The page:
FORT CARSON, Colo.-- Gunshots rent the afternoon air at Roy P. Benavidez Park, April 7, resulting in five young men springing to action without a second thought to their own personal safety, saving the lives of two men. Spc. Ian Carman was picking up his friend, Spc. Anthony Willis, at his apartment to go get haircuts, when they heard gun shots. Pfc. Philip Hawkes had just returned from the flea market with his buddy Pfc. Daniel Hinojoza, and was putting stuff away while Hinojoza was relaxing on his couch, when they heard the shots. Spc. Daniel Garcia, in his apartment at the very bottom of the park, was also on his couch when he heard the weapon fire. Without fail, all five ran toward the sound, as soon as they realized what it was. "When I heard gunshots, I started running, it was just instinct," said Garcia, fueler, Company A, 704th Brigade Support Battalion, 4th Brigade Combat Team, 4th Infantry Division. "I don't know why I took off downstairs and started running toward the park, I just did it." Willis and Carman, both air traffic controllers, Company F, 2nd General Support Aviation Battalion, 4th Combat Aviation Brigade, 4th Inf. Div., were just about to leave. Carman was in the car and Willis was just opening the car door to get in when the gunfire started.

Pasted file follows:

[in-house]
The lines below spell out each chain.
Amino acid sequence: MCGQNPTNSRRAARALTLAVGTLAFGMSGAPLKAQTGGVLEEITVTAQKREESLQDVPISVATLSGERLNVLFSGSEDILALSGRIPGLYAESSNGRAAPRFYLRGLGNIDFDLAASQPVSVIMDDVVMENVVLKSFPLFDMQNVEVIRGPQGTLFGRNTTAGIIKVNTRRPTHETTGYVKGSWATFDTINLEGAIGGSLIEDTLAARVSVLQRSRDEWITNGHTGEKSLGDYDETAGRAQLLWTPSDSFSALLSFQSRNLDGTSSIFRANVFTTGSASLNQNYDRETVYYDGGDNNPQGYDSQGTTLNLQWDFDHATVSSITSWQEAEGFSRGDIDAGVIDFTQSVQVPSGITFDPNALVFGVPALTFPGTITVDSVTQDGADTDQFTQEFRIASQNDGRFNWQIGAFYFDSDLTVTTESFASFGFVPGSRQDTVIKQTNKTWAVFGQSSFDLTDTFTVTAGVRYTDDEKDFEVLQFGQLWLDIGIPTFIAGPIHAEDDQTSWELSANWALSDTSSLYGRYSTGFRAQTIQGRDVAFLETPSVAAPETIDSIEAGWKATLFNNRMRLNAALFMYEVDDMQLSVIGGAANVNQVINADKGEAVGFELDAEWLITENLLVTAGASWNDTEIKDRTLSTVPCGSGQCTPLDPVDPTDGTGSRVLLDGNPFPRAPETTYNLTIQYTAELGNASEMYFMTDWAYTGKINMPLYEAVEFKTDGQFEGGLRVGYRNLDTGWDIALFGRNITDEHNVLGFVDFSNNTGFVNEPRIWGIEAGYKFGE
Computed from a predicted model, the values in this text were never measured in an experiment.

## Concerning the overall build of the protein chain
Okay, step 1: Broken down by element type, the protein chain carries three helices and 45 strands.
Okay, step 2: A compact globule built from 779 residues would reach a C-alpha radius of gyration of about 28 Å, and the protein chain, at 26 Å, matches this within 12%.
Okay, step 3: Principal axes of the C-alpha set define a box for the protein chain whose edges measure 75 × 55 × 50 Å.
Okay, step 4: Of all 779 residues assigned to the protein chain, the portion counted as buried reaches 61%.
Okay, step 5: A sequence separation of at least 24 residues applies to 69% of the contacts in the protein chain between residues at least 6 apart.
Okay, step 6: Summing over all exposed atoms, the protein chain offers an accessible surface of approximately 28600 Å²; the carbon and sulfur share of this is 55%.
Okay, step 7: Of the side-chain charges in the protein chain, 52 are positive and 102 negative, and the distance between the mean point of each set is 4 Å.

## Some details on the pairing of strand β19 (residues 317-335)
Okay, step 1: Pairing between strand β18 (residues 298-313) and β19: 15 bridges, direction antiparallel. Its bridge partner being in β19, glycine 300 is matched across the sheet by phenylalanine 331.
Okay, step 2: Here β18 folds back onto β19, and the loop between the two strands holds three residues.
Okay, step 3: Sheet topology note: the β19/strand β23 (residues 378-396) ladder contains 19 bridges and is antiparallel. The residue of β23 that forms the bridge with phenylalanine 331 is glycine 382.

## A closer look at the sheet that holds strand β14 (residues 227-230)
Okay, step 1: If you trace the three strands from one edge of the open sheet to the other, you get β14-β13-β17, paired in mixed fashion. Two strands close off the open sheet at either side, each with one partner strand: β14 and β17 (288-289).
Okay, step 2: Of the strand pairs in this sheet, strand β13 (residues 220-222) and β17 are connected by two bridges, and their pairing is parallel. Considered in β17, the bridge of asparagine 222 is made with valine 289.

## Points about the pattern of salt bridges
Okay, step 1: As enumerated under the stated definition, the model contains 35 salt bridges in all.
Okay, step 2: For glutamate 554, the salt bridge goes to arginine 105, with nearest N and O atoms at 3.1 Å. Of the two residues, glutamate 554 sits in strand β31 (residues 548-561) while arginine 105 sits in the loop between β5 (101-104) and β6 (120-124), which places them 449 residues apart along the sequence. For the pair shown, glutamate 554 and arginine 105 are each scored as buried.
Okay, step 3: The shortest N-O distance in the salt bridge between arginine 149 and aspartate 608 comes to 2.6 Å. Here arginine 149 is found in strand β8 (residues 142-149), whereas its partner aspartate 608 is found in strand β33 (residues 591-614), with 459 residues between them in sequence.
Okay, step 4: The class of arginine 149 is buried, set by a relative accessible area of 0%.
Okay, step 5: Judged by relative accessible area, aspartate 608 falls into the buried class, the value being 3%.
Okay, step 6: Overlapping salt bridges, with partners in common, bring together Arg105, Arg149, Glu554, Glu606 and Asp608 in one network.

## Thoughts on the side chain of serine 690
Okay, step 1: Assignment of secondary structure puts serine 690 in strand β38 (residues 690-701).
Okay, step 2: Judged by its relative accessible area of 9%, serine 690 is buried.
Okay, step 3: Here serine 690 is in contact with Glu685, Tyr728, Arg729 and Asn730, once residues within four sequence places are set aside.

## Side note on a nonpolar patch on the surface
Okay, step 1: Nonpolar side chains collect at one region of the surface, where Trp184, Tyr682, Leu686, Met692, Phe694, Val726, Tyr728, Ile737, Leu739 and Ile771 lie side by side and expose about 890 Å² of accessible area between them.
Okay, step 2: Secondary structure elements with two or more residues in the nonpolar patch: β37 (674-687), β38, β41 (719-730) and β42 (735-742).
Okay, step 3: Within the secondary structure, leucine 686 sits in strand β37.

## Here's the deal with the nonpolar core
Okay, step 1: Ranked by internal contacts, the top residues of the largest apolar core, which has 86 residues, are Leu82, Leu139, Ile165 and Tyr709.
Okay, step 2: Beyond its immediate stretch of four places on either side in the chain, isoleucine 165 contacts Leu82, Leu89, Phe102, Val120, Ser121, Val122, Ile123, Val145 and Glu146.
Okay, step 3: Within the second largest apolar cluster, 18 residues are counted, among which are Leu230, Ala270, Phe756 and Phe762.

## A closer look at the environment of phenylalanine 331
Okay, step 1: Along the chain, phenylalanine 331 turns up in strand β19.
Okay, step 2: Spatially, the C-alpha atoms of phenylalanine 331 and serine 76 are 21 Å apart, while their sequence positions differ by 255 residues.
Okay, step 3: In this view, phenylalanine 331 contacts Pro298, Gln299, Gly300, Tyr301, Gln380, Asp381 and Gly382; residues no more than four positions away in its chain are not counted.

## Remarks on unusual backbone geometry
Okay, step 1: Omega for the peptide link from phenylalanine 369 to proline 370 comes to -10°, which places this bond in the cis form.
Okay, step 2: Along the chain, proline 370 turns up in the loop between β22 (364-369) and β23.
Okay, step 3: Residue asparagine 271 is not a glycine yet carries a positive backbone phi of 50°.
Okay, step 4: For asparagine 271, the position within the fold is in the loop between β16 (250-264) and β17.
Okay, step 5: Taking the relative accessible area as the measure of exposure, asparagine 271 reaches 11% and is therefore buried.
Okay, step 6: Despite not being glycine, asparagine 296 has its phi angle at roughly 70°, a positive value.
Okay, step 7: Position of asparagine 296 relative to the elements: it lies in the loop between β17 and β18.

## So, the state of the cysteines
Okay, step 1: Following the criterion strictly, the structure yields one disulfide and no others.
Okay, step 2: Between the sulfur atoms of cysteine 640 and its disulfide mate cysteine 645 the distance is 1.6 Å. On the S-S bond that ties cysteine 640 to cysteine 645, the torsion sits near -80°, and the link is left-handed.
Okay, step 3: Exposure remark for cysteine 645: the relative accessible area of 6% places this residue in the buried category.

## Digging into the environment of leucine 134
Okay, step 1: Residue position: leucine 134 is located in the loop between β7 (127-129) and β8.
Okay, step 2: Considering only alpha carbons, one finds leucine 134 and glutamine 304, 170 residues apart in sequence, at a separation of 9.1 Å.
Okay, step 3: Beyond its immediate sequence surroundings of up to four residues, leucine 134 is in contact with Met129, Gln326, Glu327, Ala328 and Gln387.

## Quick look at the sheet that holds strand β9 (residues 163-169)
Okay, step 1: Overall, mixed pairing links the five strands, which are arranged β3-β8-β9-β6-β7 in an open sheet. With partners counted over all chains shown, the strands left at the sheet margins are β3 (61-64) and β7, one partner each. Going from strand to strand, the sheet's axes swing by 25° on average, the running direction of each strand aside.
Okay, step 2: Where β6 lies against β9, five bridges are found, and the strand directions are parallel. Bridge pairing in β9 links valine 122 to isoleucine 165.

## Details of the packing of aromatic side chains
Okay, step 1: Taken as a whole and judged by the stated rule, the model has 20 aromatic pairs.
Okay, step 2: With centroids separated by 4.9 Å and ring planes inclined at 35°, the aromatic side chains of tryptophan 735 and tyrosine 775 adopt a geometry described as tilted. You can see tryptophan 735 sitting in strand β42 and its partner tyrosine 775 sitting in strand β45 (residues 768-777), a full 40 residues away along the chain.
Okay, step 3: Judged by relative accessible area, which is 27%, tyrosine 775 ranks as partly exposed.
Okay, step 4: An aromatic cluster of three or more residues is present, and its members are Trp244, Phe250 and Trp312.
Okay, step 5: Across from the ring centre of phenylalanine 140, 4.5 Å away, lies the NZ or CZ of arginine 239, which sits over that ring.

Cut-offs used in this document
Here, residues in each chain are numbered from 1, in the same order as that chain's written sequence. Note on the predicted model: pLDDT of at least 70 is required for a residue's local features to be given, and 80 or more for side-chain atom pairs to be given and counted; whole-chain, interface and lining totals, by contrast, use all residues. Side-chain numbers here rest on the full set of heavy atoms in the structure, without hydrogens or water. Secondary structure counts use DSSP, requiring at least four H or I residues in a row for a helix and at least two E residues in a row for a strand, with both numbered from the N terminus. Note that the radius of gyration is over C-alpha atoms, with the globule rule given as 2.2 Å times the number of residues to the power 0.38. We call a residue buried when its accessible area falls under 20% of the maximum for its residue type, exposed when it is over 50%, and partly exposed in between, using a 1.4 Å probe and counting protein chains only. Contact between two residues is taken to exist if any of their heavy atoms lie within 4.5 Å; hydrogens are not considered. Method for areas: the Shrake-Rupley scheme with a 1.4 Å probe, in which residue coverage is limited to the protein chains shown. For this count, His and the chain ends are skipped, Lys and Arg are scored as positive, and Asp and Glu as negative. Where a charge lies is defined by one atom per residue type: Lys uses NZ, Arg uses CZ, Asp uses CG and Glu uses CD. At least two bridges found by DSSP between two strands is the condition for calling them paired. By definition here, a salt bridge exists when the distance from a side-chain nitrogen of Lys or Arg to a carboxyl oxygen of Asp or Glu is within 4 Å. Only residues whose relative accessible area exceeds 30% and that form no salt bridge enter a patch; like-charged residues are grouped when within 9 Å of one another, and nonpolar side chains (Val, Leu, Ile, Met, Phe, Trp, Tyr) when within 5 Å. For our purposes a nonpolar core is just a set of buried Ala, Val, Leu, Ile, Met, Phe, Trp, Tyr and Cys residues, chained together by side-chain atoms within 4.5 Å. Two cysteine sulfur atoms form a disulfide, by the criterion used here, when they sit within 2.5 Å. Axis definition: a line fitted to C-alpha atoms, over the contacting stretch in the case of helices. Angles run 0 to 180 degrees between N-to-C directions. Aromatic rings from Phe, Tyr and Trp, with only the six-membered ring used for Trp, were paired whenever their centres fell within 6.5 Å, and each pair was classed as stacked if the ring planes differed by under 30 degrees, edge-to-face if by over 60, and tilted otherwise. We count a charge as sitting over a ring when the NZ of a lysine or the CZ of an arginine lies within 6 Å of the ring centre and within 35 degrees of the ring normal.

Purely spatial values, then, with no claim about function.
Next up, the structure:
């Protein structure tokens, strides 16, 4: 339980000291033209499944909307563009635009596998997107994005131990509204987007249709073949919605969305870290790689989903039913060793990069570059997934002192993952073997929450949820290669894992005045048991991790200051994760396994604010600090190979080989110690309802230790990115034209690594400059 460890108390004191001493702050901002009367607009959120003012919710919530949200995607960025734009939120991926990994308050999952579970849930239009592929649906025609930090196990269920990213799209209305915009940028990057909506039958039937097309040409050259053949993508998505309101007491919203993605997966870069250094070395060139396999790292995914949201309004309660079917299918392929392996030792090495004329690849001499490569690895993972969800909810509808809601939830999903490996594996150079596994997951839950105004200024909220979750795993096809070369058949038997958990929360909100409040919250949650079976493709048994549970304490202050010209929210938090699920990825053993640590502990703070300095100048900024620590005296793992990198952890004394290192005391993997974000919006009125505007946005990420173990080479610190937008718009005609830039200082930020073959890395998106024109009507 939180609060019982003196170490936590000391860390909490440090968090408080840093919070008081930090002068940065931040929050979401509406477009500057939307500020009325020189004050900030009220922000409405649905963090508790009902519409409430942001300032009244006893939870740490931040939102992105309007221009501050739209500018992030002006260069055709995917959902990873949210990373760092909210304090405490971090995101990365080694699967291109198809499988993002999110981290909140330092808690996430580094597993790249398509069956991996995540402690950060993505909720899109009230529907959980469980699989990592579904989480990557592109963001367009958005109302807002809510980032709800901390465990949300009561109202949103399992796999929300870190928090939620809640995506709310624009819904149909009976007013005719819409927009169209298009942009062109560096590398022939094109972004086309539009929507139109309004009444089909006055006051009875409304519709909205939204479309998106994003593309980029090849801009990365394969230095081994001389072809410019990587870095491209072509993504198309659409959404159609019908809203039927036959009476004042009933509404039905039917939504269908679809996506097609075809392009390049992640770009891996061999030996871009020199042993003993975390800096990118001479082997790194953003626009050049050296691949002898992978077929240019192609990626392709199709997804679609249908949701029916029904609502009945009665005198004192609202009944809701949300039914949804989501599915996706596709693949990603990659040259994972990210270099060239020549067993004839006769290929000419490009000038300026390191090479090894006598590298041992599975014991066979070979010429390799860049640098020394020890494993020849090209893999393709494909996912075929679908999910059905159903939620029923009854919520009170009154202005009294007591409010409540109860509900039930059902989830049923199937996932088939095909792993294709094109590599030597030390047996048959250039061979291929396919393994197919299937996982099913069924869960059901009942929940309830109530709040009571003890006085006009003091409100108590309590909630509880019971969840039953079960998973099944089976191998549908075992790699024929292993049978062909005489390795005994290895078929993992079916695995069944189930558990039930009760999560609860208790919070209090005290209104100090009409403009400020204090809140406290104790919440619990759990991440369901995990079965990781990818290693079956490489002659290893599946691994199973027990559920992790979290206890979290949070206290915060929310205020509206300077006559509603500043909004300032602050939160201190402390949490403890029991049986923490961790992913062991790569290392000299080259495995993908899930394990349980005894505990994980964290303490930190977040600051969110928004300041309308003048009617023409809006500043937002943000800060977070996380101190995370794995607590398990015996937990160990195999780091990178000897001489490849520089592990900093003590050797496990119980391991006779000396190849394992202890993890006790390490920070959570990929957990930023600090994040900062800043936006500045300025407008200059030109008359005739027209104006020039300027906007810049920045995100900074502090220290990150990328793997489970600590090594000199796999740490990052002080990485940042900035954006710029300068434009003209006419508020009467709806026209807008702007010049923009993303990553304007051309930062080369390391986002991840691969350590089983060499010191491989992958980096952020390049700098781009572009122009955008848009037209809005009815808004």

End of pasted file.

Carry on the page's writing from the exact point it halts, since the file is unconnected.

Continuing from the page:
"I was setting my cup in the cupholder; I looked up when I heard gunfire, and Willis was gone," said Carman. "I yelled out for him, I didn't know where he had gone, but he popped back (around the corner of the building) and told me; 'Hey, someone is on the ground." Hinojoza, wheeled vehicle mechanic, and Hawkes, land combat missile system repair specialist, both with Company B, 64th Brigade Support Battalion, 3rd Brigade Combat Team, 4th Inf. Div., were right on their heels as they realized what was happening. "I was sitting on my couch, just chilling out, when I heard what I thought was fireworks," said Hinojoza. "All of a sudden, I thought; those aren't fireworks. I jumped up, looked out the window, and sure enough, it was exactly what I thought it was, and I started outside; didn't even close the door." Hawkes didn't even wait for his buddy once he understood what had happened. "I was unloading the truck we had taken to the flea market when I heard the gunshots, and when I heard one of the specialists over here say: 'There's a man down,' I took off." All five Soldiers, reacted without hesitation to save a stranger, none of them considering they danger they were running into. The four closest said they were there within 20 seconds of hearing the gun shots. "We were running over there, I just turned the emergency beacon on my phone; I didn't even bother calling," said Willis. "I just put it back in my pocket and kept running." The scene, as they ran up on the injured men, with the worst having 18 gun shot wounds, was stunning. "When I first got there, and he tried to utter 'help me, help me,' it was not a pretty sight," said Carman. "I was like, where are all the gun shot wounds? The man was riddled, we were just trying to look at him, and see what we needed to do. "Hopefully someone called it in, but you got to do something in the moment, or this guy's in trouble," said Carman. The Soldiers quickly started removing belts, as Willis called his wife, and had her throw more belts and towels off their balcony, which overlooked the park, and used those to help care for the men that had been shot. A short while later, they were joined my another Soldier with a CLS bag and litter. "There was a medic there; he had his field medical badge, I found out later, and a portable litter" Willis said. "He had it laid out and ready, just in case we had to put him on it. We had IV lines ready, just in case. He started throwing stuff at us from his med-pack. We just used what we could, applied a tourniquet, with belts, towels, shirts, whatever we could get." While the most seriously injured man received the majority of the attention, the Soldiers also took the time to apply a tourniquet to the second man, who had been shot twice in the right arm. Once tourniquets were applied to all the inured limbs, the Soldiers said they continued to treat the other wounds and stabilize the men until help arrived. "We were out there for a little longer than five minutes, and it just flew by," said Willis. The Soldiers all credit the medical training they have received in the Army for knowing how to treat the two men. "It came second nature," said Hawkes. "With all the training we do, and all the practice we have, it just came natural." The most severely injured man was taken to the hospital in critical condition, but looks likely to recover. The Soldiers were called by his wife so that she could express her gratitude. "She called me, thanking us for what we did, you know, for saving his life," Willis said. While the Soldiers may have witnessed a shooting within a short distance of their homes, it hasn't motivated them to move. "It's a safe neighborhood to me, because we've got so many people willing to jump out and help if anything happens," Willis said. The biggest surprise for the Soldiers was the situation in which they found themselves applying their training. Carman, the most senior of the Soldiers, had spent three years at Fort Bragg ready to deploy and put his training to use, without ever having the opportunity to use his medical training. "I re-classed and I picked up a job where I didn't think anything of it; I was directing air traffic," Carman said. "You know you always have that chance when you're downrange, always, but I didn't think stateside. I didn't think I would be going to pick up my best friend and the next thing I know, I'm helping a gunshot victim, clearly bleeding out in front of us." When the Soldiers later found out that both victims were going to survive, it was good news. "When I got the call from CSPD saying that they were good, I just felt relieved," said Willis. "I just sat down in my chair and told my wife; 'He made it!" The Colorado Springs Police Department plans to recognize the Soldiers for their heroic efforts in the near future.